The connected car: what can Wi-Fi do for 5G?

Ian Scales
By Ian Scales

May 15, 2019

via Flickr © nist6dh (CC BY-SA 2.0)

via Flickr © nist6dh (CC BY-SA 2.0)

  • WBA white paper identifies monetization opportunities for Wi-Fi and cars
  • Says there are many viable use cases
  • It envisages Wi-Fi in a set of complementary technology roles rather than as a straightforward 5G challenger

The Wireless Broadband Alliance (WBA) has been having a delve into the potential (and current) applications for Wi-Fi technology for the connected car. As always with the WBA, it envisages Wi-Fi in a set of complementary technology roles rather than acting as straightforward challenger to 5G. So this is not a re-run of the famous spat over roadside connected car infrastructure (see  - 5G back in connected car contention after EU Parliament backs tech neutral approach). It’s a look at supporting and ‘application-proving in advance of 5G’ roles that Wi-Fi 6 in particular could take on,

The report, The Connected Vehicle: Understanding The Wi-Fi Opportunities And Use Cases highlights “the striking commonalities between the requirements associated with the multi-RAT (Radio Access Technologies) connected vehicle and the more conventional multi-RAT connected smartphone. Additionally, it outlines the benefits of applying well-established Wi-Fi roaming concepts, originally defined for smartphone use-cases, to nascent connected-vehicle roaming scenarios.”

However, there may also be an an implicit challenge to a part of the 5G business case involved here, in that the multi-RAT device (strange choice of acronym for a Wi-Fi-supporting organisation) can become a way of aggregating multiple data sources into one 5G connection at best; or of saving data generated by, or for, the car’s various systems (music downloads, map information, car telematics) for store and forwarding purposes when a Wi-Fi connection hoves into view. To some extent these capabilities will sometimes mean that using multiple 5G connections for all use-cases (the 5G industry’s idea of pervasive connectivity) will be undercut by canny users using their RAT devices to save money on multiple 5G subscriptions and (presumably) more expensive 5G connection tech -  as the WBA says, strikingly like the RAT connected smartphone. It points out that “the problems that need to be addressed for connected vehicles to utilize licensed and unlicensed RATs overlap with the problems that need to be addressed for smartphones to utilize the combination of cellular and Wi-Fi connections.”

In the end, as with the smartphone, it will come down to convenience and reliability versus cost - a calculation likely to change radically over time.

So what are the complementary use cases?

It’s expected that most automotive services revenue will come from in-vehicle infotainment services, however this doesn’t translate into profits for car manufacturers who fit cellular into vehicles since users prefer to use their personal smartphones which already provide access to all the music and content they like.  This has been obvious for some time. So that’s a problem for manufacturers, but where will WiFi fit in?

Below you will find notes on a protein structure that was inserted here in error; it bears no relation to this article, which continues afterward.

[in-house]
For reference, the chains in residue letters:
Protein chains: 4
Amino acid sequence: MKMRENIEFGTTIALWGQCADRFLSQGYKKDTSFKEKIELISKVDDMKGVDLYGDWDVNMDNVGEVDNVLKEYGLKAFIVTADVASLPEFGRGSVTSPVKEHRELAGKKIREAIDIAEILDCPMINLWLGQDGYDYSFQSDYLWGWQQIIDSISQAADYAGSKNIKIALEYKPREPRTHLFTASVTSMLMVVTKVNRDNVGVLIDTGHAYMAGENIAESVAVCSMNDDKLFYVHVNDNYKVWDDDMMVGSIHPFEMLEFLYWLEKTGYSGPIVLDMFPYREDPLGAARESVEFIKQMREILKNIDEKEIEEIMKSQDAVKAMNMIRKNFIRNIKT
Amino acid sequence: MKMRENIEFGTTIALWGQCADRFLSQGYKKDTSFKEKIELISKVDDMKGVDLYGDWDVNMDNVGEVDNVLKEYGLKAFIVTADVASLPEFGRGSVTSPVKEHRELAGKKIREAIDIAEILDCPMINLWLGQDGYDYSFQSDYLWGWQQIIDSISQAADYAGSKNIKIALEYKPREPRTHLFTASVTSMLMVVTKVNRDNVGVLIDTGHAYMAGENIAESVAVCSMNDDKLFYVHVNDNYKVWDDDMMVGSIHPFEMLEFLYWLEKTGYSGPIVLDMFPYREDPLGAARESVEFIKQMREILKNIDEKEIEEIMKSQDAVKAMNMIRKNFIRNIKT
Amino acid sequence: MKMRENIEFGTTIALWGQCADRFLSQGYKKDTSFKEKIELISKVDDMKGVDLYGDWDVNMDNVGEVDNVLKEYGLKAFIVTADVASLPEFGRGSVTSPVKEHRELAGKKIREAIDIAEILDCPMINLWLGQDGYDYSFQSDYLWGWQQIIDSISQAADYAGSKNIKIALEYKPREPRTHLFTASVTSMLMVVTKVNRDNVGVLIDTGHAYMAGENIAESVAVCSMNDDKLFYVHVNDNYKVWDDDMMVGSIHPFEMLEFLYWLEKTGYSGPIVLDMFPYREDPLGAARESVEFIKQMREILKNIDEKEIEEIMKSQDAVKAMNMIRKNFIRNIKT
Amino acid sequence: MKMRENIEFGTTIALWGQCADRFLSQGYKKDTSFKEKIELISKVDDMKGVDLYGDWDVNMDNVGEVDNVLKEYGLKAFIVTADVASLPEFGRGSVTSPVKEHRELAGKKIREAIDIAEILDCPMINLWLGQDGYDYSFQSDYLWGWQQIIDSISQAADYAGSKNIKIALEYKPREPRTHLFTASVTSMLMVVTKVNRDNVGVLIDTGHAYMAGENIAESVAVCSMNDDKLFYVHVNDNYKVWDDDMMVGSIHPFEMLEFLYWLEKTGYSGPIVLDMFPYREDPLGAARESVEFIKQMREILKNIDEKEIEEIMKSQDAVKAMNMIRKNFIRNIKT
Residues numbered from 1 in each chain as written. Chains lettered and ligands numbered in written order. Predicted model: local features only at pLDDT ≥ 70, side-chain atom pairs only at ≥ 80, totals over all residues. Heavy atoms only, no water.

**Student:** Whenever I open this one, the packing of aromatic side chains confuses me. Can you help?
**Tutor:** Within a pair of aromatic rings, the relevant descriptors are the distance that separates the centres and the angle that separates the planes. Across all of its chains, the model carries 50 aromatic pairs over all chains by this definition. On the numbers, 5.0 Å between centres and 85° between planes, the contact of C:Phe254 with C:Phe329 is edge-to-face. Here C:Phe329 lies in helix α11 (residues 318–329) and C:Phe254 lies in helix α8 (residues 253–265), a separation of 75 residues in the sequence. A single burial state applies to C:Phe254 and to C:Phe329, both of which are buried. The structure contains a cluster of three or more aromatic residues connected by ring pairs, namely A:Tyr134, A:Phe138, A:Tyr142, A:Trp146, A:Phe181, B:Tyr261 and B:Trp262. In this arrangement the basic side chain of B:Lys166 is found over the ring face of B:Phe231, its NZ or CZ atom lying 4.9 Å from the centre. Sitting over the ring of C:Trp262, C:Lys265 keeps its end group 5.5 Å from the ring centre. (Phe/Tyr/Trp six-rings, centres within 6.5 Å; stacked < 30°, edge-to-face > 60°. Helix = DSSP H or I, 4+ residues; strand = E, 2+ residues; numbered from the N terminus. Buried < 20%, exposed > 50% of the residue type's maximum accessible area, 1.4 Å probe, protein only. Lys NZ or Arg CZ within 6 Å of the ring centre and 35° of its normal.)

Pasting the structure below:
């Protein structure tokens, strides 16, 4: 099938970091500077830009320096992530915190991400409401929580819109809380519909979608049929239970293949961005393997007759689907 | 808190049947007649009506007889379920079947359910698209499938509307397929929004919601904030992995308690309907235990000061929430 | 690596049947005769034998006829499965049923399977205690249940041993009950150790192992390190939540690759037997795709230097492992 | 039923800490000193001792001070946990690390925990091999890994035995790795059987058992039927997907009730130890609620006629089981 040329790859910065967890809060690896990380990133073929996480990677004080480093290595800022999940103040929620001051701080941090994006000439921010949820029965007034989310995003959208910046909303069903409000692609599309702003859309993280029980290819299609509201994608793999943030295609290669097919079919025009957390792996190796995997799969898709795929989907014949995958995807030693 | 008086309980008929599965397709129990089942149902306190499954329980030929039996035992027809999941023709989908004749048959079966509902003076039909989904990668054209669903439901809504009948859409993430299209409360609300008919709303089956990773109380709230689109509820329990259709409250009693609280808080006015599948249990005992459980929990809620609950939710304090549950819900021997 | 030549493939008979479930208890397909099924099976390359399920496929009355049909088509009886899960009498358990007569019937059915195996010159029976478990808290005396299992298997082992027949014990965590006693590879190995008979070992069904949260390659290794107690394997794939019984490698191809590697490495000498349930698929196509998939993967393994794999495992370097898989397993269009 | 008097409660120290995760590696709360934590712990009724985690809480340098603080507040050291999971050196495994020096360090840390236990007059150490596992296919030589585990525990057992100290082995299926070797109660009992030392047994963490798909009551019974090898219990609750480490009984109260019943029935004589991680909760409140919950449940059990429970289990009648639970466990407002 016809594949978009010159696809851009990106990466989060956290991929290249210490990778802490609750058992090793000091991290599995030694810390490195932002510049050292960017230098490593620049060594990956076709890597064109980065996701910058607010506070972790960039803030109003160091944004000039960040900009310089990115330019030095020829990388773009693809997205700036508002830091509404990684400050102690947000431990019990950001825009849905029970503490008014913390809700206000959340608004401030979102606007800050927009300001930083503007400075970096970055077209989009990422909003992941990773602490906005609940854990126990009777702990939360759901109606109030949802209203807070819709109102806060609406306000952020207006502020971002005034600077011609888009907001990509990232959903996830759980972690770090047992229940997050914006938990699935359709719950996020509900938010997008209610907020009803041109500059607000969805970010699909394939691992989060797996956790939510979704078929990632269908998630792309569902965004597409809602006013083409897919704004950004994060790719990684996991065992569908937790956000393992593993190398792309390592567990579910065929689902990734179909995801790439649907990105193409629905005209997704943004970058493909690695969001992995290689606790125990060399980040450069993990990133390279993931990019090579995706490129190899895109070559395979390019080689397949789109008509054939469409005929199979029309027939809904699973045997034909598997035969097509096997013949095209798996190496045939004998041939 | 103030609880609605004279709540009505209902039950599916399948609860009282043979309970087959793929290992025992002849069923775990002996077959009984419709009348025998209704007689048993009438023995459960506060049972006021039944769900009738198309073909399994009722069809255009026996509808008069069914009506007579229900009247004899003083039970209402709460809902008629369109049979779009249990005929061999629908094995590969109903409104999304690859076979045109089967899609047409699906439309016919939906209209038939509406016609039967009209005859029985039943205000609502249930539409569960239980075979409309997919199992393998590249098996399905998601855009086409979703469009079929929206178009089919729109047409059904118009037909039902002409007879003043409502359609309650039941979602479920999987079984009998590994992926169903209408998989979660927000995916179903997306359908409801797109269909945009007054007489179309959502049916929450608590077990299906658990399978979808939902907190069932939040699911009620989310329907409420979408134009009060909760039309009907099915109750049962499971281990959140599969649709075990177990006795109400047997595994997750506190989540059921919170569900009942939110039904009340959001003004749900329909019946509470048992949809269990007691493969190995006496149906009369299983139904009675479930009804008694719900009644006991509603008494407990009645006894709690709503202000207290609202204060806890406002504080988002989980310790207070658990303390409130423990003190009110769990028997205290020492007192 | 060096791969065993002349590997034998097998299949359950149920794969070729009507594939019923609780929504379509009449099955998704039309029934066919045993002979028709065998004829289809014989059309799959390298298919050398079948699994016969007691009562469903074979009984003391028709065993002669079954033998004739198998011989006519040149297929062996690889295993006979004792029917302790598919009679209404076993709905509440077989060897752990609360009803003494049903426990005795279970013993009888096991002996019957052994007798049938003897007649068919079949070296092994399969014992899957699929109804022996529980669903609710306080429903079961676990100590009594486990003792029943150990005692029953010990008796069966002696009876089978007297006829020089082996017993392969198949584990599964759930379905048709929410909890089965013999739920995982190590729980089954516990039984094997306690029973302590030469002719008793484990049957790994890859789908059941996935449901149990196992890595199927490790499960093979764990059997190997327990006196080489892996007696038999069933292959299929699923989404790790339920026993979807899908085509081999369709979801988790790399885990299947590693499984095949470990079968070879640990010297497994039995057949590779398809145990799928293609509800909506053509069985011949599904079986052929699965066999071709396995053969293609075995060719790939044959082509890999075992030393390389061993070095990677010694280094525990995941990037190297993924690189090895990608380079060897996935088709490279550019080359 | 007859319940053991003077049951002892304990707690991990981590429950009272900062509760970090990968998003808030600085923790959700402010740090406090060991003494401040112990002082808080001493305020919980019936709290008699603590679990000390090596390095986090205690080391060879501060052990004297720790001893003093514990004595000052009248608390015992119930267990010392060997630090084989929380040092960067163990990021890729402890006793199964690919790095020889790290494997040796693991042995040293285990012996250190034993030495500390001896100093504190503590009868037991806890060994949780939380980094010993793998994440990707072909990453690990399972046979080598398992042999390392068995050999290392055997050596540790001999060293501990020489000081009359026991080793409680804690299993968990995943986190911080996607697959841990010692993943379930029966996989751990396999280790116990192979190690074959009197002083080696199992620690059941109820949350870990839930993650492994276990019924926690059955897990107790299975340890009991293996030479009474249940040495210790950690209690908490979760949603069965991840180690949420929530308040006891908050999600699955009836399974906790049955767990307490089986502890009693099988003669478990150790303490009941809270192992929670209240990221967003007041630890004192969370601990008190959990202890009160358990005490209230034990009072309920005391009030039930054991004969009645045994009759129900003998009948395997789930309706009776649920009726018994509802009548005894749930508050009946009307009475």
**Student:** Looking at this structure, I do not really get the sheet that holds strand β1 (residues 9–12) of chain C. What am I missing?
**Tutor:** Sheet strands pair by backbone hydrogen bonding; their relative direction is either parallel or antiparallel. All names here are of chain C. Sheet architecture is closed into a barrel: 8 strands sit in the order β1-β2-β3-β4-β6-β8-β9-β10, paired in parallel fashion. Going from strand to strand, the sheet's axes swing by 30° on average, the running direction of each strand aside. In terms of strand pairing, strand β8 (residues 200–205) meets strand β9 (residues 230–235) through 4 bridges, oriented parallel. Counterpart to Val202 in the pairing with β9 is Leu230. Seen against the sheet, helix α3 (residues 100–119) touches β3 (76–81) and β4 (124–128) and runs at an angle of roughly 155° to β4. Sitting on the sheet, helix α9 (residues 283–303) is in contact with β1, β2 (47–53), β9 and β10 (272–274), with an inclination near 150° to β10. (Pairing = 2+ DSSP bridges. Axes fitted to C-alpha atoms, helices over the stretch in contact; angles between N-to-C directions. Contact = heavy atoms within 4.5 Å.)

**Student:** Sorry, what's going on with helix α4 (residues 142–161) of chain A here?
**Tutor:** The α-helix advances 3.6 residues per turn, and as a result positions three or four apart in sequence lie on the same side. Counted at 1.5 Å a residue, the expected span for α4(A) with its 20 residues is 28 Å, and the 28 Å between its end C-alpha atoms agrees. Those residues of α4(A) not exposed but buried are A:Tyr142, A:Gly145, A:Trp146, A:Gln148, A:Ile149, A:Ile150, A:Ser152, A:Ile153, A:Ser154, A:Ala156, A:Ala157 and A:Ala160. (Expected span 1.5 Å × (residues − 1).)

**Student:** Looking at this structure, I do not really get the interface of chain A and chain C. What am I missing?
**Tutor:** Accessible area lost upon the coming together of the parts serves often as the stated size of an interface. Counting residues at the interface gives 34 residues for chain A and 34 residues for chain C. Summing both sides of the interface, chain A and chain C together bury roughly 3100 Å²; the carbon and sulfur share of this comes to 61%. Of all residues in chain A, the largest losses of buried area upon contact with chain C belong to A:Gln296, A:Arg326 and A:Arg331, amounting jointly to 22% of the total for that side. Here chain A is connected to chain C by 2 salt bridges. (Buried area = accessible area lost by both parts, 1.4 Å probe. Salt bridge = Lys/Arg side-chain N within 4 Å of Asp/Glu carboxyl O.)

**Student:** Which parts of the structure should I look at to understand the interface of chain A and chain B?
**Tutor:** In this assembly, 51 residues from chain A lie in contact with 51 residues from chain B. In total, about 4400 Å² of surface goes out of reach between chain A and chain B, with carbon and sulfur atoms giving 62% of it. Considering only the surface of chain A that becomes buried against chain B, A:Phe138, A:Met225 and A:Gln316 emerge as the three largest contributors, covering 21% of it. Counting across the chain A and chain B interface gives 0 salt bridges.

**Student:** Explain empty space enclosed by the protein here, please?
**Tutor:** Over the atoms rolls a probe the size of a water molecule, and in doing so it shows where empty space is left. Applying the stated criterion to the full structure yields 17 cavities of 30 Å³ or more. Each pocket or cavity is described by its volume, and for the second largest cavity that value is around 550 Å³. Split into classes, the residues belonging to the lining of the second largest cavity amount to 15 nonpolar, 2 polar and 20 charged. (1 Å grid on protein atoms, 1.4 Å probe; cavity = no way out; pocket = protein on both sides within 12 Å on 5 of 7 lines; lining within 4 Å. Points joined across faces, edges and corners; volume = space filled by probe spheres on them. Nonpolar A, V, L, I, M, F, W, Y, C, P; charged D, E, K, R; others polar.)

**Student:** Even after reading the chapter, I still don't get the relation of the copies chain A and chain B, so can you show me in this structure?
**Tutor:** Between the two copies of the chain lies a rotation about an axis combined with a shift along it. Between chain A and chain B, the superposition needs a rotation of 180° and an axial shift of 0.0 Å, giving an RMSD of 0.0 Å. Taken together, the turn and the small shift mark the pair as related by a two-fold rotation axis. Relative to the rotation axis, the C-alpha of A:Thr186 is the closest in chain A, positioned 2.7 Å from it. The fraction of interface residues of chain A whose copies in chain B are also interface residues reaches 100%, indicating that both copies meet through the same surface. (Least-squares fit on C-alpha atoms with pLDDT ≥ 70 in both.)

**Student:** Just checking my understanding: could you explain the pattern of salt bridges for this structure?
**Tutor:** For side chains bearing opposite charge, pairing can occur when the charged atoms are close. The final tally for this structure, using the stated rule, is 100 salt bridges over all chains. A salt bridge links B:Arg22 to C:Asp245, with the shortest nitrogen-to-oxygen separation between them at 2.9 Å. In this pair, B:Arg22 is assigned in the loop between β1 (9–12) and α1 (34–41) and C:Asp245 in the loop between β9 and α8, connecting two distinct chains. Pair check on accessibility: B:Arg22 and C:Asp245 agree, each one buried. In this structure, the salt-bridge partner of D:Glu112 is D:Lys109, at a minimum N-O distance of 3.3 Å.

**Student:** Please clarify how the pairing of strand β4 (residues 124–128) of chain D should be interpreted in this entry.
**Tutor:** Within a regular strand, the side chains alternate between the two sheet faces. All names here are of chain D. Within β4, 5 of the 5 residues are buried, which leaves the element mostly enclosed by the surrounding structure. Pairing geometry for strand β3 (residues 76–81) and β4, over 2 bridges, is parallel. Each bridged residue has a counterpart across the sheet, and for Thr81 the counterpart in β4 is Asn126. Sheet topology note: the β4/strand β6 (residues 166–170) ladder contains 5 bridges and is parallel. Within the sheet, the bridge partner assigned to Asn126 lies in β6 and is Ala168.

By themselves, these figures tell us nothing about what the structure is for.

The WBA case is that  automobile manufacturers who have integrated telematics into their vehicles can use Wi-Fi today to get that data into the cloud. Likewise they can use Wi-Fi to download over the air (OTA) software and firmware updates, where today’s LTE just doesn’t have the legs to handle it (similar to the familiar smartphone recommendation to use WiFi overnight to update software).

Essentially, much mention has been made of 5G’s ability at ubiquitous, always-connected infotainment, navigation and comfort services. The report maintains that there are plenty of use cases that  combine non-ubiquitous Wi-Fi coverage and the over-the-air (OTA) software and firmware capabilities already found in connected vehicles today. The report claims the combination of vehicle-generated telematics information with Wi-Fi could be used for:

  •  Applying predictive analytics to information already collected by telematics systems to preempt vehicle recalls, which cost the vehicle industry more than $9 billion annually
  • Predicting maintenance and repairs by uploading diagnostic trouble codes (DTCs) over time, thus identifying specific parts needed for repairs, while also optimizing scheduling for those repairs
  • Reducing software bugs and security vulnerabilities through OTA firmware updates
  • Delivering advanced driver assistance services (ADAS) to improve driving safety
  • Enabling numerous applications that support and enhance the ability of first responders to provide public safety

In some ways non-ubiquitous (static?) Wi-Fi coverage actually makes a desirable connectivity option for vehicles given that ubiquitous coverage increases the temptation for a driver to use his/her mobile while on the move (disapproved of in many countries, banned outright in some) and of course streamed video cannot be displayed where the driver can see it.

It is notable that Tesler (electric car manufacturer) makes Wi-Fi its first choice for downloading updates and content when owners are parked up to recharge their vehicles and would otherwise have nothing to do. When the vehicle is stationary drivers are allowed to watch streamed video over Wi-Fi on the big screen positioned in front of them.

Worth reading:  download the report The Connected Vehicle: Understanding The Wi-Fi Opportunities And Use Cases.

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